The Next Generation of Canadian Giving was just released by StratCom, HJC and Convio. It looks at donor behavior and generational relevance -- in other words, what age groups give at what levels, how they like to give and how they want to be treated.
The primary finding from this study is not news, per se, but now has quantifiable data to support it: different age groups should be treated distinctly, and give differently. Don't communicate with the Civic generation (people born 1945 or earlier) the same way you would Generation X. They have different relationships with your organization, give to you differently (and at different levels), and need a different strategic approach. There are some valuable insights to be gleaned for this study regarding donors in general and Canadian donors in particular.
Here's the generational breakdown:
- Civics: b. 1945 or earlier; 73% give; $833 avg annual contribution
- Boomers: b. 1946-1964; 66% give; $725 avg annual contribution
- Gen X: b. 1965-1980; 61% give; $549 avg annual contribution
- Gen Y: b. 1981-1991; 55% give; $325 avg annual contribution
Here are the key findings:
Which group deserves fresh focus?
Boomers and Gen Xers represent significant donor pools. This means that considering their population size and average gifts, they give as much as Civics. Gen X donate $2.3 billion annually, Boomers donate $4.1 billion annually, while Civics donate $2.6 billion annually.
TAKEAWAY: invest in Boomers and Gen X today.
Preferred Giving Channels for each group (in descending order)
- Civics prefer direct mail, checkout donations and tribute gifts.
- Boomers prefer checkout donations, fundraising events, and direct mail
- Gen X prefers checkout donations, fundraising events, and online donations (via the website)
- Gen Y prefers checkout donations, online (via the website) and charity gift shops.
- SMS and social network sites scored the lowest overall donations by channel and generation. While it represents a small piece of the giving pie now, it will continue to grow.
TAKEAWAY: Forge relationships with chains where you can be the recipient of those popular, multi-generational checkout donations. Trust matters more the older one gets, while convenience is a priority for the younger generations though overall, Boomers and Civics share some solid common ground. Start small but invest in social media, knowing that you'll see dividends years down the road with Gen Y primarily.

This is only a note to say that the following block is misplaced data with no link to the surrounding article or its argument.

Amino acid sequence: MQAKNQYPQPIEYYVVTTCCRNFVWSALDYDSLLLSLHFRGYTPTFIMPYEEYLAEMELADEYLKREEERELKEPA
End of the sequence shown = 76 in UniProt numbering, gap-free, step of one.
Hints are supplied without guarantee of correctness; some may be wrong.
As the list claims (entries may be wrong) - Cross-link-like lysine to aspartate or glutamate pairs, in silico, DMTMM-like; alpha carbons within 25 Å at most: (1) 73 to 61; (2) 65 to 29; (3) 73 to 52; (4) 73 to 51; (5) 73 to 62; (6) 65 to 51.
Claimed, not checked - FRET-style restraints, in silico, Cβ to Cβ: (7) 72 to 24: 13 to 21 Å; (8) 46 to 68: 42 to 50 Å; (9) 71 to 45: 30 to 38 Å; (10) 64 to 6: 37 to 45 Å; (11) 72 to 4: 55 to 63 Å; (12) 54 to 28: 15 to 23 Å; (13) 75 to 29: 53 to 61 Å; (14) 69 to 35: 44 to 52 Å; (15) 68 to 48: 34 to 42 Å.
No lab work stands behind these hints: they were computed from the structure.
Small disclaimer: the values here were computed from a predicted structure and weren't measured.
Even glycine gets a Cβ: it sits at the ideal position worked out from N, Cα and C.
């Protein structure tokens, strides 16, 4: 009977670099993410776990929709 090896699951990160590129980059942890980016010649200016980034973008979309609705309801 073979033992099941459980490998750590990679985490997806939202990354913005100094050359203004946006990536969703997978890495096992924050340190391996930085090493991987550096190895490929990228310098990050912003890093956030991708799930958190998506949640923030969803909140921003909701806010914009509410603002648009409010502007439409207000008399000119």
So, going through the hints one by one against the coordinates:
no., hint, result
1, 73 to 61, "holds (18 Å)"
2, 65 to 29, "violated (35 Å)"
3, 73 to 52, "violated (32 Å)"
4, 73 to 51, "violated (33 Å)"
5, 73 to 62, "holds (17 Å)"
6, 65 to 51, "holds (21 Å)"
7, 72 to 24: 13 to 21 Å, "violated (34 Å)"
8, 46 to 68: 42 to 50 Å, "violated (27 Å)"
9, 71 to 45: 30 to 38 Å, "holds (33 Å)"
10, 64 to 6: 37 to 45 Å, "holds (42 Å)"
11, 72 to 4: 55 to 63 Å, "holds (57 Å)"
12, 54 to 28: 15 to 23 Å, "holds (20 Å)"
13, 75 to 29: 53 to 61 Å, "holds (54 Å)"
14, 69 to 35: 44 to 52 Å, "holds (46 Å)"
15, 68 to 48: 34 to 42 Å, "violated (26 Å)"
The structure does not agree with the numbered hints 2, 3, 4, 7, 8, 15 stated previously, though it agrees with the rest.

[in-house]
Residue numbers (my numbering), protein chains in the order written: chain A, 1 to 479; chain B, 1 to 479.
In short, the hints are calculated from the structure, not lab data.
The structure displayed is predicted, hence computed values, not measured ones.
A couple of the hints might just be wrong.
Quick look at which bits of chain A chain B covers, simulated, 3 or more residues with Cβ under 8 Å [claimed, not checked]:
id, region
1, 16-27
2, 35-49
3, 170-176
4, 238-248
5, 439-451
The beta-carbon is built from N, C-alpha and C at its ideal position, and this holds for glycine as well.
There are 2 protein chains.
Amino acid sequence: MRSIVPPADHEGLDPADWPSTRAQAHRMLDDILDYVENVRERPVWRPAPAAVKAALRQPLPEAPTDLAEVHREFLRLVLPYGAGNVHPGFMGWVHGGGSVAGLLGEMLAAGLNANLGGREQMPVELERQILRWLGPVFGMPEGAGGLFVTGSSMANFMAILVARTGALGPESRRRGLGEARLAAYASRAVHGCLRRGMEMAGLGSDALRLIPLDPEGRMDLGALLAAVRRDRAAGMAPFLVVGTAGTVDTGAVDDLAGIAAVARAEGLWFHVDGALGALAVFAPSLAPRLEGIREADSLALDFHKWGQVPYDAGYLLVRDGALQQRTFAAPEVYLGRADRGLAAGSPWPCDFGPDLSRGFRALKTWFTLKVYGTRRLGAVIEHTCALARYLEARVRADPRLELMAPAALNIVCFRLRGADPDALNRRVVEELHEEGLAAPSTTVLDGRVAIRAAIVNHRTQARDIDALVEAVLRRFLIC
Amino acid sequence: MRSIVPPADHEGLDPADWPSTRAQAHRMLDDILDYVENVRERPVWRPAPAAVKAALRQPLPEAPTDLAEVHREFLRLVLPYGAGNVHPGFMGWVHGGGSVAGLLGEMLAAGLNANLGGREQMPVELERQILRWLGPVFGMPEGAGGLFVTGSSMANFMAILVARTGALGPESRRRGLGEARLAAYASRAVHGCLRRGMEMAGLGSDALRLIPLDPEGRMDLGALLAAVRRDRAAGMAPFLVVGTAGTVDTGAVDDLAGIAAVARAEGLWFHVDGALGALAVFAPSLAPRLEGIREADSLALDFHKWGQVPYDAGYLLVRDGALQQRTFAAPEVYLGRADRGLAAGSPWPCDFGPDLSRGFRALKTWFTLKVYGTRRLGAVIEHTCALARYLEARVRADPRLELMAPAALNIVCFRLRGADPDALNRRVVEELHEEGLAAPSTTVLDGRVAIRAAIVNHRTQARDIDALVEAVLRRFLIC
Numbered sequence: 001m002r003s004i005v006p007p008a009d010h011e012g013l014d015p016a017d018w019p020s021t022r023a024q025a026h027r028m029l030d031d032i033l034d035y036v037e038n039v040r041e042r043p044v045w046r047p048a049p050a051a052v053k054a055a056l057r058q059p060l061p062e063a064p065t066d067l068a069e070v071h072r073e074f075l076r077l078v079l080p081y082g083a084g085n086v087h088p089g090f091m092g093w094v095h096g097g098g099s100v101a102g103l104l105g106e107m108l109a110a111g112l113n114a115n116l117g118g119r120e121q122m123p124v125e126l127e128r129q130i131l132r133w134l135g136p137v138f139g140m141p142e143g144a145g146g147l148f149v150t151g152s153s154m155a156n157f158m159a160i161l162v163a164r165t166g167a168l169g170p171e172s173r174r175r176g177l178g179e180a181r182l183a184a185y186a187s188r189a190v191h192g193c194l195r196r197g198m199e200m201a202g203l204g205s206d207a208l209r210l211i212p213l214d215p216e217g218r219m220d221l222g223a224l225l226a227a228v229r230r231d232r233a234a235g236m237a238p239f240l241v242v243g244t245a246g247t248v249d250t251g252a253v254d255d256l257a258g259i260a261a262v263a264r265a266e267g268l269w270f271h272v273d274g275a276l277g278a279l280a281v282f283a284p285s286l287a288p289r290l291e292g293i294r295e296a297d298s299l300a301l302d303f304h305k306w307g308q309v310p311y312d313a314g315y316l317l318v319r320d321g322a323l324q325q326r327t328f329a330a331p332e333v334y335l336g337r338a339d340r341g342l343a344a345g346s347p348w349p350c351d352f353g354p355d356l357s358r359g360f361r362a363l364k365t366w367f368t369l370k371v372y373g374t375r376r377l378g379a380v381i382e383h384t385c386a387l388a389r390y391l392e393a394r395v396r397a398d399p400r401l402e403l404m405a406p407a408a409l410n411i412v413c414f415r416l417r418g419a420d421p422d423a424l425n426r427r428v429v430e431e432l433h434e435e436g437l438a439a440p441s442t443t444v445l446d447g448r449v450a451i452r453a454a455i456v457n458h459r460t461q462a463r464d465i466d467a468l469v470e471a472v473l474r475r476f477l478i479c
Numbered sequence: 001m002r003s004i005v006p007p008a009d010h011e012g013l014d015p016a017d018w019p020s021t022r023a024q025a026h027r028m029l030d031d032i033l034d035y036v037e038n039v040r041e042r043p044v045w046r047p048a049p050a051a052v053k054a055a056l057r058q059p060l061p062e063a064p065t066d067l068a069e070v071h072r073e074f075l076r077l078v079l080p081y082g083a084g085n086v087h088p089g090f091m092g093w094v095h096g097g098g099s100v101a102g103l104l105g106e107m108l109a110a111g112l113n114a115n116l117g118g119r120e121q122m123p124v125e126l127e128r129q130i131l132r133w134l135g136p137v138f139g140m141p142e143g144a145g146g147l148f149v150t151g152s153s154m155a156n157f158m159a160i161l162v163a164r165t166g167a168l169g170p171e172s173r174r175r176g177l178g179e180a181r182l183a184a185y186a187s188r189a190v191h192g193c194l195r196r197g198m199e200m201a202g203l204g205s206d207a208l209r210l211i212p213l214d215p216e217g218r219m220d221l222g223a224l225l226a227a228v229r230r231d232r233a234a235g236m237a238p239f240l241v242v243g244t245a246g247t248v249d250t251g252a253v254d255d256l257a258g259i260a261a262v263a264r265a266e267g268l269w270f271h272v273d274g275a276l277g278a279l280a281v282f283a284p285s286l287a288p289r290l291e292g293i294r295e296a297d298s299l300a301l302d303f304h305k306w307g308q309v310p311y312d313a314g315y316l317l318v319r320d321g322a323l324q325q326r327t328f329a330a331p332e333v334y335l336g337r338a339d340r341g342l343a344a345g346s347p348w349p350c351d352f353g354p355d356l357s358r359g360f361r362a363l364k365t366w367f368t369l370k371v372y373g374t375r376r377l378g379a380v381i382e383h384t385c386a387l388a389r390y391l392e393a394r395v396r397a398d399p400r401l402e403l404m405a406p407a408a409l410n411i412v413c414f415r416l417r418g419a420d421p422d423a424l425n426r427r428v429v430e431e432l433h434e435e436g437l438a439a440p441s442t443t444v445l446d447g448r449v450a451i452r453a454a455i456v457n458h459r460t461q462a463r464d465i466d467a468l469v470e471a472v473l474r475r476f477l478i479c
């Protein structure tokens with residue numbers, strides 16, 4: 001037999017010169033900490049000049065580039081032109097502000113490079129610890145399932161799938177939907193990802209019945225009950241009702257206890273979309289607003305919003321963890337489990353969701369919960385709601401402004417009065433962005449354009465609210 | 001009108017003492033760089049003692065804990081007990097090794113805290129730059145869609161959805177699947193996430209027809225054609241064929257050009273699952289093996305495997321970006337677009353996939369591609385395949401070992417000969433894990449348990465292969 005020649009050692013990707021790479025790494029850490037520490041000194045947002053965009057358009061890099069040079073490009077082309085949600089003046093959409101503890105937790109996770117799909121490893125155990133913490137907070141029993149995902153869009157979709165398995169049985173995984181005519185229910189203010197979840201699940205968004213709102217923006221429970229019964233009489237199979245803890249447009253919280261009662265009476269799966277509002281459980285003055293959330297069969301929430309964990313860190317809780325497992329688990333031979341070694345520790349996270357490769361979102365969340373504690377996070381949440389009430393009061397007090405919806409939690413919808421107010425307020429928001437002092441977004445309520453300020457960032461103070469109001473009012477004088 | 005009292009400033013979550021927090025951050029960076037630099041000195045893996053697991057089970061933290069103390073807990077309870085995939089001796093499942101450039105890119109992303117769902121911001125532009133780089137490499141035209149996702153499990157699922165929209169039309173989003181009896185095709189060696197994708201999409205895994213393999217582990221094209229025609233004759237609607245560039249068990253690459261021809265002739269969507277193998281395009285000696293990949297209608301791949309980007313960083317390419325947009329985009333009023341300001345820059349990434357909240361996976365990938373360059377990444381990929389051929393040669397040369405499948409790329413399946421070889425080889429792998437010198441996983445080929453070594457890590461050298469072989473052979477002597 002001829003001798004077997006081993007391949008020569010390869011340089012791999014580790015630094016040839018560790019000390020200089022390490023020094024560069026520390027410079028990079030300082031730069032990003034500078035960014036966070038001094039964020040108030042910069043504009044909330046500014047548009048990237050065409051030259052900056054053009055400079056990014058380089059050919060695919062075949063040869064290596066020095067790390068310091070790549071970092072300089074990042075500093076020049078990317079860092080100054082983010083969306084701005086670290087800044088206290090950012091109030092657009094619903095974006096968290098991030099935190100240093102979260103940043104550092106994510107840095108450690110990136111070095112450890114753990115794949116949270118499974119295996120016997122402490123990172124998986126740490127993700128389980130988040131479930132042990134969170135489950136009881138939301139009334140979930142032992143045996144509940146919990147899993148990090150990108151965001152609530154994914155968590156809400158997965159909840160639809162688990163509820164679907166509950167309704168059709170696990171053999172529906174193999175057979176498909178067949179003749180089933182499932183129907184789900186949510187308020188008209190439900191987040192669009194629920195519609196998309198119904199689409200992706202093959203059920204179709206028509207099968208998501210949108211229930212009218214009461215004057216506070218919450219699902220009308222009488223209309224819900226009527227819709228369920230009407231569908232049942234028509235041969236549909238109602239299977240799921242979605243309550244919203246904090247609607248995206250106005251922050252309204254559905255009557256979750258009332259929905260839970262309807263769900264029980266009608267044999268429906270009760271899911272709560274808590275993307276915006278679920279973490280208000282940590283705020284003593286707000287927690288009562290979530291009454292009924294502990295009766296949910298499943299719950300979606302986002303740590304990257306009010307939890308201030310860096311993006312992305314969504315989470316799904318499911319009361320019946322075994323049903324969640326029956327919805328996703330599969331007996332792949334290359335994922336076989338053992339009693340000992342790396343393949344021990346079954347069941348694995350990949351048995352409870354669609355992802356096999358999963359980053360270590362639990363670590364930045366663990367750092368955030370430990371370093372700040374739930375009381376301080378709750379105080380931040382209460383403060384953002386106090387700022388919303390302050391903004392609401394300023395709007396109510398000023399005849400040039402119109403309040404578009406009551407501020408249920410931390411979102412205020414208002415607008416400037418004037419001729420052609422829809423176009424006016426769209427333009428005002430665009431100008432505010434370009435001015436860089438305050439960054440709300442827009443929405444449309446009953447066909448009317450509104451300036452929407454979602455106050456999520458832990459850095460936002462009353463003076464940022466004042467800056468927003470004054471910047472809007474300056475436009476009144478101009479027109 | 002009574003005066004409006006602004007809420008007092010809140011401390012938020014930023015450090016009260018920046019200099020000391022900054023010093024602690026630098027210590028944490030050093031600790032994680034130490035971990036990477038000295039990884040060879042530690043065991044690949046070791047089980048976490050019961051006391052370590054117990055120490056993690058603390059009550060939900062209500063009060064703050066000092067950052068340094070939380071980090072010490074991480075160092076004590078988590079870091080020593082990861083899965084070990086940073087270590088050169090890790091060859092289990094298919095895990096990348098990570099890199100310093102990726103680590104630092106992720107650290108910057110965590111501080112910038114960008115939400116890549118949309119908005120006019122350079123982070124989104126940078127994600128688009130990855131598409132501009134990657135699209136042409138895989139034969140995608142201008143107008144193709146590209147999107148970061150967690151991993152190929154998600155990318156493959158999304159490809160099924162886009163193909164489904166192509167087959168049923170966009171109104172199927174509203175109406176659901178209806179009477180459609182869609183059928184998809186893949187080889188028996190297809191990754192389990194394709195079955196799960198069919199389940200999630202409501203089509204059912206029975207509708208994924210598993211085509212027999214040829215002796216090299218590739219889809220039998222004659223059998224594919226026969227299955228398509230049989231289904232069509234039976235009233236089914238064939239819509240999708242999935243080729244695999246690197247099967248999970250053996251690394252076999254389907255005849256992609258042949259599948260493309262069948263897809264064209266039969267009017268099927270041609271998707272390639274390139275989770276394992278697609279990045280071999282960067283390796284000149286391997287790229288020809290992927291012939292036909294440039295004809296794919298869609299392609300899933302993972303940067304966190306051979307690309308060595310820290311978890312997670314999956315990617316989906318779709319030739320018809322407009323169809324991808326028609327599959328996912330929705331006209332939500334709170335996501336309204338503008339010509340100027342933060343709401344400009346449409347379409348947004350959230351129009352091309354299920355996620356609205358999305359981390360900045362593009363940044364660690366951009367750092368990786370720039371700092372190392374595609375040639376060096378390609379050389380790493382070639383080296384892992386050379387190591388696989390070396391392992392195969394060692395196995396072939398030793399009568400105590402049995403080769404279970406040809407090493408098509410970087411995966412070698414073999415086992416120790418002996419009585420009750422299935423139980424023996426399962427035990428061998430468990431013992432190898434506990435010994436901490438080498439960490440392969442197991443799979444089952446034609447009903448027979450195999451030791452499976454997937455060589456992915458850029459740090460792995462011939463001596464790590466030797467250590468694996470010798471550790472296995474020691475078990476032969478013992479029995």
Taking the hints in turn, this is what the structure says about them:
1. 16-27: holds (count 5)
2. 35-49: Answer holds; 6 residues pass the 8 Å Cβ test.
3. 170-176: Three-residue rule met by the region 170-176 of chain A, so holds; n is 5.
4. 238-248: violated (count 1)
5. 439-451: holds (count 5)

How They First Heard of You?
Primarily through mainstream media, whether as a promotion or mentioned in another context. With all the hype around social media, this is a refreshing reminder of the importance of mainstream and traditional media.
TAKEAWAY: Make sure you have some budget allocated in these media sources for any campaigns, and try to earn other media, such as interviews and mentions.
Communication and Involvement
4 out of 10 Gen Y and X donors believe mail is important.
TAKEAWAY: Get their addresses and test DM with these generations! They might even give more.
4 out of 10 Gen X, Y and Boomers think participating in advocacy actions is important.
TAKEAWAY: If your organization and mission allows, test advocacy issues as a means for acquisition and a means to engage existing supporters.
Multi-channel is Actually Multi-Dimensional
The solicitation channel might be different from how the donor makes their donation, and might differ again from how they want to be communicated with over time. Nonprofits should offer choices regarding communication and donation channels and not expect donors to stay within any one channel.
Canadian-US findings of interest:
1 - 25% of Canadian donors give through monthly sustainer programs, while for Americans the number is just 16%. This is largely due to different banking structures and systems, resulting in a country where monthly debits can be made through checking accounts, and done so very easily.
2 - Peer to Peer Power: twice as many Canadian donors say they support friends, colleagues and family through peer to peer fundraising events.
3 - Americans are more likely to give with their mobile phones (8% of US donors vs. 3% of Canadian donors). This is largely due to U.S. mobile carriers enabling mobile giving faster and better than Canadian companies.
All in all some great learnings from this study. I think much of this data would look the same if done with American donors, but it's nice to see Canada producing its own study as a benchmark for Canadian nonprofits. Thanks to StratCom, HJC and Convio for taking this step in the right direction.